From America's Test Kitchen Season 12: Cool and Creamy Desserts
Homemade vanilla ice cream is never as creamy, smooth, or dense as the impossibly smooth “super-premium” ice cream found at gourmet markets or high-end ice cream shops. Instead of thick, dense, and velvety, ice cream made at home invariably turns out crumbly, fluffy, and icy. We wanted an incredibly creamy, dense custard-based vanilla ice cream that would rival any pricey artisanal batch. Creating smooth ice cream means reducing the size of the ice crystals; the smaller they are, the less perceptible they are. Our first move was to replace some of the sugar in our custard base with corn syrup, which interferes with crystal formation, making for a super-smooth texture. To speed up the freezing process, thereby ensuring small ice crystals, we froze a portion of the custard prior to churning, then mixed it with the remaining refrigerated custard. Finally, instead of freezing the churned ice cream in a tall container, we spread it into a thin layer in a cold metal baking pan and chilled it, which allowed the ice cream to firm up more quickly and delivered the smooth texture we were after.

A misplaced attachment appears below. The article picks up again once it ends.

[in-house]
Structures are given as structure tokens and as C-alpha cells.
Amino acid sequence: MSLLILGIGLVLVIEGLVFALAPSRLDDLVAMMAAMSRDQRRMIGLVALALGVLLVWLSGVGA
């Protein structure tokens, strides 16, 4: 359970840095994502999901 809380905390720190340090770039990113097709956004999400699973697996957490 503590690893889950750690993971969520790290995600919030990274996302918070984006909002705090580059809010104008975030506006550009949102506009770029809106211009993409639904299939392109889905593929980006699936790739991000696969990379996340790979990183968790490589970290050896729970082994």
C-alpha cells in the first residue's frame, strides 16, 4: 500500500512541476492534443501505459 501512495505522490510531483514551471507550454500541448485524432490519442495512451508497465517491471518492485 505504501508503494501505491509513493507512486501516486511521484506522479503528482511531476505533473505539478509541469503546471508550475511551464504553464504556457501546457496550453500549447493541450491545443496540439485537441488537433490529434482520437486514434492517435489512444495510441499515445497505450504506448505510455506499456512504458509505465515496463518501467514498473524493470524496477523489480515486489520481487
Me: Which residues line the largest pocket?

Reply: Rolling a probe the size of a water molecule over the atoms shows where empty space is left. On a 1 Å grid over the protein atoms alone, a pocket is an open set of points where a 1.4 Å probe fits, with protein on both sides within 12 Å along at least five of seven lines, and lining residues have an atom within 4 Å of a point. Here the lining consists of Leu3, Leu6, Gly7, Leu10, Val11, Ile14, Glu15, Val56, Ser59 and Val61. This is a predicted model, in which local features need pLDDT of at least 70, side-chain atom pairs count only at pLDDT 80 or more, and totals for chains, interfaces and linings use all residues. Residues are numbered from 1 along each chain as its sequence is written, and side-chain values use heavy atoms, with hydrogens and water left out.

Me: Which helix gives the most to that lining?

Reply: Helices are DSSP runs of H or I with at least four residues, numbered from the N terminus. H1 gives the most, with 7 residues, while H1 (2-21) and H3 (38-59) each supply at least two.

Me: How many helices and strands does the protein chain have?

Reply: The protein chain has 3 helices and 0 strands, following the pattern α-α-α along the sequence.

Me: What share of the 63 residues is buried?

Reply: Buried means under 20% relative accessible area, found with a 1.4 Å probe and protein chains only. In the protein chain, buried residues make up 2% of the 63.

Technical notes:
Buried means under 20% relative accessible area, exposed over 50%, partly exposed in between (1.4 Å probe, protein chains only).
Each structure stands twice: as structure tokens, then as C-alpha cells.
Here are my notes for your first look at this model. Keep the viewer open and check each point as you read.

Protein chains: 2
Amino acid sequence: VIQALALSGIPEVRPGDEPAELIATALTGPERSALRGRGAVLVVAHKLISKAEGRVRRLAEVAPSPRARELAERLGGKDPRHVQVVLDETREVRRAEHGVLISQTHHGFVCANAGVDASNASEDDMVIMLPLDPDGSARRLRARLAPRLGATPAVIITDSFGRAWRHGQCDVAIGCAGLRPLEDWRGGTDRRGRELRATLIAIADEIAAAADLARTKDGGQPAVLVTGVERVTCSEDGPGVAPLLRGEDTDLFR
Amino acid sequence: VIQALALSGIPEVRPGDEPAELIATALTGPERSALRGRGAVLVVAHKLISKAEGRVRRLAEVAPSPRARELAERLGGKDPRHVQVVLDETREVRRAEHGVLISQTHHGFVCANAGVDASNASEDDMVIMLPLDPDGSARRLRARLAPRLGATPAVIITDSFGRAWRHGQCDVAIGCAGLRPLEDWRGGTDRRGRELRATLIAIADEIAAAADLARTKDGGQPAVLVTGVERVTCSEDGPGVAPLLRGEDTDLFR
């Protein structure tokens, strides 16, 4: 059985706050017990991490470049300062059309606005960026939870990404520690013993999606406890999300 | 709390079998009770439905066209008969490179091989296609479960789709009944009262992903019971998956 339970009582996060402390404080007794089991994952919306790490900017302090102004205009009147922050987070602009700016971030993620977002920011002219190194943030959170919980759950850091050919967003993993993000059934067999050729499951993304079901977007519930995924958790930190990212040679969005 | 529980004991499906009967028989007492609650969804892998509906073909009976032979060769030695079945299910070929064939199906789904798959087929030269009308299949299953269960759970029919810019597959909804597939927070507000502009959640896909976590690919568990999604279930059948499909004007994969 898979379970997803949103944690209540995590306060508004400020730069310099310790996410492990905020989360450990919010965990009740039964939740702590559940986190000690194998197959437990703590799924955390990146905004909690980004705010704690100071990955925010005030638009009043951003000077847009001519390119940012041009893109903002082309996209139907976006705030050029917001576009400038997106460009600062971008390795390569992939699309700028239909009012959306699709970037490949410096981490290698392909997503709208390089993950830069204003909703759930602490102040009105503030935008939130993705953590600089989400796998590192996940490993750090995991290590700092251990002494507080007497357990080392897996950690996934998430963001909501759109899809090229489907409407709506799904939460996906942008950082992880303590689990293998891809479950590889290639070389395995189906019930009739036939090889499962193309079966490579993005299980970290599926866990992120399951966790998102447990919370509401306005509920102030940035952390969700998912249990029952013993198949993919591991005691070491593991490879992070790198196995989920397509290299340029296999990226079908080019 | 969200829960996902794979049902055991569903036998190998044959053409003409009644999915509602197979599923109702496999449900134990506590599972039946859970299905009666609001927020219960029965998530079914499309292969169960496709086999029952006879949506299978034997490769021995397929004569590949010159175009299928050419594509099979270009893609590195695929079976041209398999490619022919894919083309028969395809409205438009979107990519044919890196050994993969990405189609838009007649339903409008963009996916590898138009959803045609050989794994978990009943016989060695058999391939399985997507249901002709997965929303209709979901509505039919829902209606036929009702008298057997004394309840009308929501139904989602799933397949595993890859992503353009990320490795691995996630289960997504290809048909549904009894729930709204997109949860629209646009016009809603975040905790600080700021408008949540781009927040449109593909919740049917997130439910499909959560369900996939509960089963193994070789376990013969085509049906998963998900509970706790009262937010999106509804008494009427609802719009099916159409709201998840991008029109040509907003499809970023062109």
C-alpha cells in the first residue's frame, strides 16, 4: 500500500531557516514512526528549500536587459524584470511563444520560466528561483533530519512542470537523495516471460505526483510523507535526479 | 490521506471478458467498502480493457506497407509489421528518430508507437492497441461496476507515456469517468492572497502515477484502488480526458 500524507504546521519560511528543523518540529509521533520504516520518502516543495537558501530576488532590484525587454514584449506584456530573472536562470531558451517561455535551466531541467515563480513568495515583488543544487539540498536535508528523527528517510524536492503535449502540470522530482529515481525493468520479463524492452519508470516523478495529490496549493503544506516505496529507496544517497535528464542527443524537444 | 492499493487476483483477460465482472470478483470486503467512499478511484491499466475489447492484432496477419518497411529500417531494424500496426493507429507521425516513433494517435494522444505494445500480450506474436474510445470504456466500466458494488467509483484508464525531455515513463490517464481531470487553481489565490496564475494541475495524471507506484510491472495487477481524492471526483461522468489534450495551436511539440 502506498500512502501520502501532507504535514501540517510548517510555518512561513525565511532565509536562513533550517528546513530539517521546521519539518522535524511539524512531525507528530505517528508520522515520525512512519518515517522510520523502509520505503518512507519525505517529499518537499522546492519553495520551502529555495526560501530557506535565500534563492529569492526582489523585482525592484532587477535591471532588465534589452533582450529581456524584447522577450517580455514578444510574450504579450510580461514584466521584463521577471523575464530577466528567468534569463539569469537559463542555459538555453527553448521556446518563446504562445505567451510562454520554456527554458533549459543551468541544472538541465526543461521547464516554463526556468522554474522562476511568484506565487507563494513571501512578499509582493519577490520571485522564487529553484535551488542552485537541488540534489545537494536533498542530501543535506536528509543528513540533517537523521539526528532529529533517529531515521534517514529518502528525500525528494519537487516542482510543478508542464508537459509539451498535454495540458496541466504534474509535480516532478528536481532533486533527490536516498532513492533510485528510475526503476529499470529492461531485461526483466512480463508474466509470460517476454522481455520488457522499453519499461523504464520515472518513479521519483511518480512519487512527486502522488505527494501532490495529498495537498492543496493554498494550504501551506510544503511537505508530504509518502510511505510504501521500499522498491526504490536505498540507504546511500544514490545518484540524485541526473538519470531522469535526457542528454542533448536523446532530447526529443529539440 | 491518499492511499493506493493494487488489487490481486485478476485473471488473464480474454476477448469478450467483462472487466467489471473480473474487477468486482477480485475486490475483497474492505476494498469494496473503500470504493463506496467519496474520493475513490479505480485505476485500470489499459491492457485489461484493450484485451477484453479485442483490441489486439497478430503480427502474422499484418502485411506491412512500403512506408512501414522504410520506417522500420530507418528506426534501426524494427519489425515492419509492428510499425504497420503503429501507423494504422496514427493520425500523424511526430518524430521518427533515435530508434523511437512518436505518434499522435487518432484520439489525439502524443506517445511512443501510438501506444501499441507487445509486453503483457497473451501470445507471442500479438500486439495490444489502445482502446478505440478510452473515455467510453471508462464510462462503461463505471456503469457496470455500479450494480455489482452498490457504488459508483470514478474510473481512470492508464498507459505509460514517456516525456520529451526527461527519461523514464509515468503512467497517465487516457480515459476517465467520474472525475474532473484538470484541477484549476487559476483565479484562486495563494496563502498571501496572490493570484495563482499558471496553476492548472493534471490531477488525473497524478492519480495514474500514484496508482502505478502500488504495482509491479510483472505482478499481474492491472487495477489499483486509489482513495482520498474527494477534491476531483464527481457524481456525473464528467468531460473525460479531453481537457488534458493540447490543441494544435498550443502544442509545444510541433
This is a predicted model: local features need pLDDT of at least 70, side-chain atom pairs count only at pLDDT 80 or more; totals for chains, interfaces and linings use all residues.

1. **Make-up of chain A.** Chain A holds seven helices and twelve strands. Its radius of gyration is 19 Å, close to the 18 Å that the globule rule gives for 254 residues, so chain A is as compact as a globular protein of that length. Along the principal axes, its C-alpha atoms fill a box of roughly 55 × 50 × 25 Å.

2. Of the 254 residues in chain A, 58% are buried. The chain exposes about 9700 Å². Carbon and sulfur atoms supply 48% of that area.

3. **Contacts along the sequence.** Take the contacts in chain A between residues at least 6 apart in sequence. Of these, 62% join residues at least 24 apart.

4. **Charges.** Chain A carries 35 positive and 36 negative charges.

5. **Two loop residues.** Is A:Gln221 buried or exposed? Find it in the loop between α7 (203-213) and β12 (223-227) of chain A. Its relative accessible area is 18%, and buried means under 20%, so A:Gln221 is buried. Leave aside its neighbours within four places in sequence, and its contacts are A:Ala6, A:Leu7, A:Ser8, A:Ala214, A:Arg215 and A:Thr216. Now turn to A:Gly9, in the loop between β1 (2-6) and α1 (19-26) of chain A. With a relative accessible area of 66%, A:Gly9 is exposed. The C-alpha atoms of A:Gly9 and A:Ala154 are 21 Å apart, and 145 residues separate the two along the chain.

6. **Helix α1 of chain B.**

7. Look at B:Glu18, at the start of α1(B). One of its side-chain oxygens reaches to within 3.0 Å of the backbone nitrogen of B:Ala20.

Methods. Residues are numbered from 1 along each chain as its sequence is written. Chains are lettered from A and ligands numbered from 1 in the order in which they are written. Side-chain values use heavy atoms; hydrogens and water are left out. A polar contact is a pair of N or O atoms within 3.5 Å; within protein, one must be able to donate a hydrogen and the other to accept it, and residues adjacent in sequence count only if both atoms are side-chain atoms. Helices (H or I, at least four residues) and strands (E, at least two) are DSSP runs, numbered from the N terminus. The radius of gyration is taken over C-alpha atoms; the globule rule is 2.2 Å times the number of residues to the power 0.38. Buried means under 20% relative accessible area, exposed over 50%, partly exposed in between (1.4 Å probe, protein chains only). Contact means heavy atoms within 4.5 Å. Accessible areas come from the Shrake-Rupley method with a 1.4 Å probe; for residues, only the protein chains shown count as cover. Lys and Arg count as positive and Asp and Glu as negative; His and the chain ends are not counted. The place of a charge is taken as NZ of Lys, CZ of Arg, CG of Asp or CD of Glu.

Makes about 1 Quart
Two teaspoons of vanilla extract can be substituted for the vanilla bean; stir the extract into the cold custard in step 3. An instant-read thermometer is critical for the best results. Using a prechilled metal baking pan and working quickly in step 4 will help prevent melting and refreezing of the ice cream and will speed the hardening process. If using a canister-style ice-cream machine, be sure to freeze the empty canister at least 24 hours and preferably 48 hours before churning. For self-refrigerating ice-cream machines, prechill the canister by running the machine for 5 to 10 minutes before pouring in the custard.